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July 15, 2010

The Inevitable Disclosure Doctrine in Delaware

Thumbnail image for topsecret_br69.jpgThe doctrine of inevitable disclosure protects confidential information and trade secrets in situations where a former employee will inevitably disclose or use the information in his or her new employment, even absent bad faith. The principle behind this doctrine is that an employee who has knowledge of his former employer's trade secrets will inevitably disclose this information to his new employer resulting in an unfair business advantage. In asserting a claim under this doctrine, companies may seek to enjoin a former employee from working for a competitor, even if the employee had no existing covenant not to compete.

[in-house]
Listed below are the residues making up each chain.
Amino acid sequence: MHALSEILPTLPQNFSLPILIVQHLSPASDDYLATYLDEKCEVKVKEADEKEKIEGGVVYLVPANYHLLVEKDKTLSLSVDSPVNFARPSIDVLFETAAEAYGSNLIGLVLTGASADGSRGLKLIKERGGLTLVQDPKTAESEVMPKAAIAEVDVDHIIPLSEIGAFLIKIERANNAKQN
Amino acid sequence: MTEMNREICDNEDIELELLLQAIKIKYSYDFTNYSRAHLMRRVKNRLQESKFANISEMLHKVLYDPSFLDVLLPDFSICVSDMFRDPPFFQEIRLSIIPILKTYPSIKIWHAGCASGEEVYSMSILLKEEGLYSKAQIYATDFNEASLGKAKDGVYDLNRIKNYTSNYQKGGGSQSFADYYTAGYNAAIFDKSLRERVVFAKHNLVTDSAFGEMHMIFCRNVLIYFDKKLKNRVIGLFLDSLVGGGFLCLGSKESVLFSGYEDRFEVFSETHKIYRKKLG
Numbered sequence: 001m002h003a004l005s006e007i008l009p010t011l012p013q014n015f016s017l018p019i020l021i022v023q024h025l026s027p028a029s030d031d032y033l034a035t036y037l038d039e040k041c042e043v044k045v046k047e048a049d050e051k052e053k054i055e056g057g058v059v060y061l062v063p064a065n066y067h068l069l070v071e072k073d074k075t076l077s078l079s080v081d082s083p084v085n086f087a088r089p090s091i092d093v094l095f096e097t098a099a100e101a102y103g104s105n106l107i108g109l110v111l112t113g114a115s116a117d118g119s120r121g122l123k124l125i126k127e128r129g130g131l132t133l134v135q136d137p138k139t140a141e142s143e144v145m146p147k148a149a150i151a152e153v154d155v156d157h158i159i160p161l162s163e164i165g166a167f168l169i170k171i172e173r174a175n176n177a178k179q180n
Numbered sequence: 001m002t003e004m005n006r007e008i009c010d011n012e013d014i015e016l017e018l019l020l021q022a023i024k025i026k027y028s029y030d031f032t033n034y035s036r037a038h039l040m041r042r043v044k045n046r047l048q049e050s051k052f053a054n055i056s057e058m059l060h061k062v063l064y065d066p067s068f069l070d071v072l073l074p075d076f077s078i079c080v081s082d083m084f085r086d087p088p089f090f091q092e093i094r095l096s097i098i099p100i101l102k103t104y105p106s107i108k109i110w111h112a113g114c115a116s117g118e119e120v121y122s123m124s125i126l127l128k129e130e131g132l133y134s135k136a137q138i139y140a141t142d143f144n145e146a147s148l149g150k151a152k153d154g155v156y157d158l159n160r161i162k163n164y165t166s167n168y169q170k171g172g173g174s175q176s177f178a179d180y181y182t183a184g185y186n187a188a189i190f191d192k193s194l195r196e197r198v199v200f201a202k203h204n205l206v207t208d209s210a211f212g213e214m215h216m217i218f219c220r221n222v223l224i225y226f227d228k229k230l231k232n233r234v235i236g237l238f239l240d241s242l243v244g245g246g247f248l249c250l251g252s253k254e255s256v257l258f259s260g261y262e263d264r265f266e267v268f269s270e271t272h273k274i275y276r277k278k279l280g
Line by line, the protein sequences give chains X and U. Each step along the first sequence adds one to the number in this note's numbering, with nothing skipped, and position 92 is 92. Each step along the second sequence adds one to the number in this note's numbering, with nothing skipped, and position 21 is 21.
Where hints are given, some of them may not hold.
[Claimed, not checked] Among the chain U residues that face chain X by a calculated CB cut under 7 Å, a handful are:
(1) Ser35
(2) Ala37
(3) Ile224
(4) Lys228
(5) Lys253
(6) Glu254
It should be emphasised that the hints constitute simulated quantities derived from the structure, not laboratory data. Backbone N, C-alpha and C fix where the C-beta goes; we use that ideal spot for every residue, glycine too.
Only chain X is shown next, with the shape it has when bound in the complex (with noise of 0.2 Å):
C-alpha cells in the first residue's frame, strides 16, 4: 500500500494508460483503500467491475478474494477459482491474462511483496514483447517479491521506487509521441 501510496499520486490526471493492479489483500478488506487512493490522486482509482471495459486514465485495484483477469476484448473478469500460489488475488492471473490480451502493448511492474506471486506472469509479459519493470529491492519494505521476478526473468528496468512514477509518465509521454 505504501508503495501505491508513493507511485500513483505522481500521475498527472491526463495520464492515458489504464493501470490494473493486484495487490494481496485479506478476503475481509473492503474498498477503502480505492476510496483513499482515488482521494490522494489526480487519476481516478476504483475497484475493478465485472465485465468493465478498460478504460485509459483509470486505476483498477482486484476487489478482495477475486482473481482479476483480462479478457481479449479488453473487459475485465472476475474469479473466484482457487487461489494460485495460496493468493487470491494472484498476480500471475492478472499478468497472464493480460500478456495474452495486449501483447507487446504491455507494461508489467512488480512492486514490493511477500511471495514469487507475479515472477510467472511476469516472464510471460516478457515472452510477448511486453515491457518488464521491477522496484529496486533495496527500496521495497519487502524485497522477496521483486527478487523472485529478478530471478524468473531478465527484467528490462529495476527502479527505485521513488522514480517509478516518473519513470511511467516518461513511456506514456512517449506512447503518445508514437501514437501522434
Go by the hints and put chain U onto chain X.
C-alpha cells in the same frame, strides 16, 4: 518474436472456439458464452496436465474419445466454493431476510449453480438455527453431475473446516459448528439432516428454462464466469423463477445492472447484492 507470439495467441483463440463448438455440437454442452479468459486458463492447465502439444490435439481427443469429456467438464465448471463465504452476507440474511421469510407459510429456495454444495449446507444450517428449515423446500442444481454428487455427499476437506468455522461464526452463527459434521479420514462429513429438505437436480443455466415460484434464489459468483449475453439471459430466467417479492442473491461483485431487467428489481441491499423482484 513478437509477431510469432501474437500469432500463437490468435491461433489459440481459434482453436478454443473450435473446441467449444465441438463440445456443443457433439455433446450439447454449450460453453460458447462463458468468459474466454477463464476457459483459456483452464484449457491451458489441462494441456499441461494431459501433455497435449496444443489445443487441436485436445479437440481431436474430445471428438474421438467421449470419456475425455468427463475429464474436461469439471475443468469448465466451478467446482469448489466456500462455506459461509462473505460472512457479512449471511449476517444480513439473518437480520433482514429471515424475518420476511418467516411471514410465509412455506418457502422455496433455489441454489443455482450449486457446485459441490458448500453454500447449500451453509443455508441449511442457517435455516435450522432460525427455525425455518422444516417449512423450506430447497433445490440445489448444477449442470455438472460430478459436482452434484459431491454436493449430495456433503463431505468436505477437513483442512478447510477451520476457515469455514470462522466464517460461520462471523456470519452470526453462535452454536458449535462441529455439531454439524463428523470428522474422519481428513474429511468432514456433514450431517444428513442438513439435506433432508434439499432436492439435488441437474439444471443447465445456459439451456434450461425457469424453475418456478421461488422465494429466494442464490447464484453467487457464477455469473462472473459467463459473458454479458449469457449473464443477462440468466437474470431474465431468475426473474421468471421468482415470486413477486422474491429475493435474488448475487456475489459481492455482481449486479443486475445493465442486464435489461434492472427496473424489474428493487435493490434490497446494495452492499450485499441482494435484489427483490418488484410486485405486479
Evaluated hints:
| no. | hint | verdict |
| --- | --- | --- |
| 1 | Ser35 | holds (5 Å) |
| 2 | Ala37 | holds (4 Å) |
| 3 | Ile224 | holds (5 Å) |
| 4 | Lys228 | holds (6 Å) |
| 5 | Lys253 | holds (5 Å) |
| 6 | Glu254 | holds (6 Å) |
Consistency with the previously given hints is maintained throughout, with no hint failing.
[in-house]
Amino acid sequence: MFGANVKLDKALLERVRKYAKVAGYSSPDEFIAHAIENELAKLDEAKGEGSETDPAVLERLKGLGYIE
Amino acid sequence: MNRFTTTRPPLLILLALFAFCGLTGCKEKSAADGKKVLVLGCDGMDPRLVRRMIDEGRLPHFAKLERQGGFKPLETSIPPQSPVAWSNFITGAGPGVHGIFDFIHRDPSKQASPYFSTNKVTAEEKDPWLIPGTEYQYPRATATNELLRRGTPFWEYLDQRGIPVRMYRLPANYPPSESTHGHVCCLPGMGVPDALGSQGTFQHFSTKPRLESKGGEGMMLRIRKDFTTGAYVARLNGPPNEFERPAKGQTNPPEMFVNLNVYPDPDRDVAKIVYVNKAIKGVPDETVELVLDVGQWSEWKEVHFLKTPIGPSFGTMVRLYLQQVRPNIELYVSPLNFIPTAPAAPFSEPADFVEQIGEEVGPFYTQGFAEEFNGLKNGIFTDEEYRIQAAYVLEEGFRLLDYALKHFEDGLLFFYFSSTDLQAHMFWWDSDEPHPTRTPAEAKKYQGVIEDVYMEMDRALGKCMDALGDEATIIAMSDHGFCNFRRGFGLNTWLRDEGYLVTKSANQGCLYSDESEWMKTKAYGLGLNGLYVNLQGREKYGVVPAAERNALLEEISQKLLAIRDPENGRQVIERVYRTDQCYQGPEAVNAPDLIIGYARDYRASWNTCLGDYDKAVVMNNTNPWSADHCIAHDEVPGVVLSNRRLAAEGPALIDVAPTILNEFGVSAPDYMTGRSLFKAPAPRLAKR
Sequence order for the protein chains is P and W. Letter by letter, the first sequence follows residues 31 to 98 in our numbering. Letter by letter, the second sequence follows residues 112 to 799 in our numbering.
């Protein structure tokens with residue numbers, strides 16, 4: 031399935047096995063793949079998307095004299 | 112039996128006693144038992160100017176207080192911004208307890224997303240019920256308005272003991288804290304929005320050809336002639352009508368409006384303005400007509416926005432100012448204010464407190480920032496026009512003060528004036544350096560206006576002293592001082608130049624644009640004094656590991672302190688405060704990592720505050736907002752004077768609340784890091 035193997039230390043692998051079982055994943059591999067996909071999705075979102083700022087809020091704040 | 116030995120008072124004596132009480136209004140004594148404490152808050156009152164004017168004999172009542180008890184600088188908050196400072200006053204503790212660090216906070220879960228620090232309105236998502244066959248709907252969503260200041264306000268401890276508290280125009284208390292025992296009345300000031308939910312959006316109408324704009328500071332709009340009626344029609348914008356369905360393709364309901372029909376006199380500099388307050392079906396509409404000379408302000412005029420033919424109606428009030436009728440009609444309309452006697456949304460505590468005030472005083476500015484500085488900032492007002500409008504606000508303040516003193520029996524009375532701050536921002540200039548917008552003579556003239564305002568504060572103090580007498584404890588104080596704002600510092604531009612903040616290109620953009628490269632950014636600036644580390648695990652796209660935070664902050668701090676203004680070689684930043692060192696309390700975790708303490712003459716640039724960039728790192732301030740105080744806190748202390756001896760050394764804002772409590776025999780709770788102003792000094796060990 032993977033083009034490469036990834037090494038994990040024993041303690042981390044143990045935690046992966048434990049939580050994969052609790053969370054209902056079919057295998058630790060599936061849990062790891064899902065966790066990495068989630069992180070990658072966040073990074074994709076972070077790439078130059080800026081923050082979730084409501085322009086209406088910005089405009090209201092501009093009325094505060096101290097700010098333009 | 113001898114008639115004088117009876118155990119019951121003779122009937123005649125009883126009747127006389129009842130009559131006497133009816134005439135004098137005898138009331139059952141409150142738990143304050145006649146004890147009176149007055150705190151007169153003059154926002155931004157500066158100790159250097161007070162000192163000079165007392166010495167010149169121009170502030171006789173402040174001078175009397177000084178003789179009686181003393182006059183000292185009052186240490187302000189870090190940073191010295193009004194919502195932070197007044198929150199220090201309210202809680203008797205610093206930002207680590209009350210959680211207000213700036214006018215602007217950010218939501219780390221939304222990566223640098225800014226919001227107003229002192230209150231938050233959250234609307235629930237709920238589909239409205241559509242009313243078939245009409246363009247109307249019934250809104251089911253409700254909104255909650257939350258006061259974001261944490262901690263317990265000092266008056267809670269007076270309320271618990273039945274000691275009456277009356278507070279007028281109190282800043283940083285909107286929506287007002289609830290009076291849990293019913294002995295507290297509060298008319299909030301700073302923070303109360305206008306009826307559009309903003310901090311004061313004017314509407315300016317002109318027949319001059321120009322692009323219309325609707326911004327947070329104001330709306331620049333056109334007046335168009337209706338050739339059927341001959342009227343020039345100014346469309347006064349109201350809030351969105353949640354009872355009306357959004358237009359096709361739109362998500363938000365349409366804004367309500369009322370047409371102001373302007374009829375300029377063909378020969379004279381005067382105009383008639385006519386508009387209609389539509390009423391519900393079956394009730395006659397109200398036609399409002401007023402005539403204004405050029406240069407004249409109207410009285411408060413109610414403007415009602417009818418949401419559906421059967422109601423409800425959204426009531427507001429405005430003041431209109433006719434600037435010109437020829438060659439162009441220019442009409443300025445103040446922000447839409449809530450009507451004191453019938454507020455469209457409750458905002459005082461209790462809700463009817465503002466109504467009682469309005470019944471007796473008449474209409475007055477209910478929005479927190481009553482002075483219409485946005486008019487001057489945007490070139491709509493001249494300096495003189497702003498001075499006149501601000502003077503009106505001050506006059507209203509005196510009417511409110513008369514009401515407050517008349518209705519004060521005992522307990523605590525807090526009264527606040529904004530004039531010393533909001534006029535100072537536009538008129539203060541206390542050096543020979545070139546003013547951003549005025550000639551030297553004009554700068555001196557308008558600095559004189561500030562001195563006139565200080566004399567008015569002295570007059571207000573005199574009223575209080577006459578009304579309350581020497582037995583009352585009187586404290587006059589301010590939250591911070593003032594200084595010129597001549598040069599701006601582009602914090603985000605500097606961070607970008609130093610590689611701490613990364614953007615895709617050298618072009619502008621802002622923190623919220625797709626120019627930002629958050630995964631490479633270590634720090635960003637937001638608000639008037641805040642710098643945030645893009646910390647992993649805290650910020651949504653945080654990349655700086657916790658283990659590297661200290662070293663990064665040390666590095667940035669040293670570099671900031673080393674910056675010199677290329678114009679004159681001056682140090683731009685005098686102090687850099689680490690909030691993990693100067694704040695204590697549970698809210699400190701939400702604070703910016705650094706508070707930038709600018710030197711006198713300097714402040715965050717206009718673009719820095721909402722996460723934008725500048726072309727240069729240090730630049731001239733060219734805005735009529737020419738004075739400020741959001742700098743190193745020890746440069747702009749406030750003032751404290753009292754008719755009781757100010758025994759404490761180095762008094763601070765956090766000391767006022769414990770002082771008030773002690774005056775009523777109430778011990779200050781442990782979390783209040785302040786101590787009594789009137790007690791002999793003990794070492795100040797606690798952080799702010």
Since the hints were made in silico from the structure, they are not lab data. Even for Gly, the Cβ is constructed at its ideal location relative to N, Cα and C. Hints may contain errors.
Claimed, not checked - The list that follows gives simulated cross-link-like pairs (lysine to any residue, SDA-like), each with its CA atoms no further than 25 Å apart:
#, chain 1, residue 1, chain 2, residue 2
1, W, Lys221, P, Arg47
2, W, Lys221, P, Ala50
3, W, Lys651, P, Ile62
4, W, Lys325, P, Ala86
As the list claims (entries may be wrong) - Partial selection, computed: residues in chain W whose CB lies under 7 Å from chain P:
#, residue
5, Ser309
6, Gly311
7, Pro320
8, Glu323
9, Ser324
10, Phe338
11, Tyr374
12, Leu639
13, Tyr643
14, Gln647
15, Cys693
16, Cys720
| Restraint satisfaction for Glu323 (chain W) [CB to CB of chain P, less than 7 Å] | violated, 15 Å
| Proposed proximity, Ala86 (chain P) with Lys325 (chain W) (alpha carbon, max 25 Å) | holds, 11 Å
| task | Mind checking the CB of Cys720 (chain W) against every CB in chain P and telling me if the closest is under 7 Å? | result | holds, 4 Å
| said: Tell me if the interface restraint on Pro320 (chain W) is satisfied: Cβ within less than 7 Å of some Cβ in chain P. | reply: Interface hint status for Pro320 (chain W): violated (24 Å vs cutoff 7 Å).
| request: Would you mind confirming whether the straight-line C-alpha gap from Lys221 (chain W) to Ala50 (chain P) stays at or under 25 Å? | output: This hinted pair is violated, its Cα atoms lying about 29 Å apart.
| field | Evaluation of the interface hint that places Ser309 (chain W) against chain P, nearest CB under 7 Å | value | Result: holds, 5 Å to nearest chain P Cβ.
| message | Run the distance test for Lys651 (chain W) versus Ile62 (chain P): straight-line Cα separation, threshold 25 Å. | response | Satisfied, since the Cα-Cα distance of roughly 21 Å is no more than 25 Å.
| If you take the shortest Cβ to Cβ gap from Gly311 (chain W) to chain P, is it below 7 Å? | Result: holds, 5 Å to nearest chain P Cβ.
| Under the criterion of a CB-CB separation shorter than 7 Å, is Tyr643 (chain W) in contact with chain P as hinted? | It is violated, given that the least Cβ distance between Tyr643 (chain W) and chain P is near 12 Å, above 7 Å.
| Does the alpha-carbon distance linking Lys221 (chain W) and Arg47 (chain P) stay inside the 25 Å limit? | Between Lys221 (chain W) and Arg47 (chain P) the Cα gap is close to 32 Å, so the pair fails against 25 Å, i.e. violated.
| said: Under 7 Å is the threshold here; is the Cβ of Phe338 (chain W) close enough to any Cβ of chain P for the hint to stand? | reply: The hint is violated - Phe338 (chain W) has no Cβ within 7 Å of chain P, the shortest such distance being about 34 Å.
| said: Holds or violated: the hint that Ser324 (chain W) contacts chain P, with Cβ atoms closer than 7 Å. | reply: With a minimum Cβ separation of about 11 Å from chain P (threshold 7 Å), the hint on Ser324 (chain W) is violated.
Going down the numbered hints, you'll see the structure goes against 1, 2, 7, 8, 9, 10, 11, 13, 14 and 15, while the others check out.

The inevitable disclosure doctrine has been applied on a number of occasions by the Delaware Court of Chancery. The applicability of the doctrine was first acknowledged in E.I. DuPont de Nemours & Co. v. American Potash & Chem. Corp., 200 A.2d 428 (Del. Ch. 1964). In E.I. DuPont, the Chancery Court considered whether a defendant could be enjoined from working on the development of a chloride process related to the manufacture of TiO2 pigments. In Chancellor Seitz's words, "I have no doubt but that the court is entitled to consider, in judging whether an abuse of confidence is involved, the degree to which disclosure of plaintiff's trade secrets is likely to result from the circumstances surrounding Hirsch's employment by Potash. The defendants say that a finding of 'inevitability' would be no more than a 'prophecy' here. Nonetheless, in the context of determining whether a threat disclosure exists, it is but a finding as to the probable future consequences of a course of voluntary action undertaken by the defendants. Courts are frequently called upon to draw such conclusions based on a weighing of the probabilities, and while a conclusion that a certain result will probably follow may not ultimately be vindicated, courts are nonetheless entitled to decide or 'predict' the likely consequences arising from a given set of facts and to grant legal remedies on that basis. I am satisfied that the degree of probability of disclosure, whether amounting to an inevitability or not, is a relevant factor to be considered in determining whether a 'threat' of disclosure exists."

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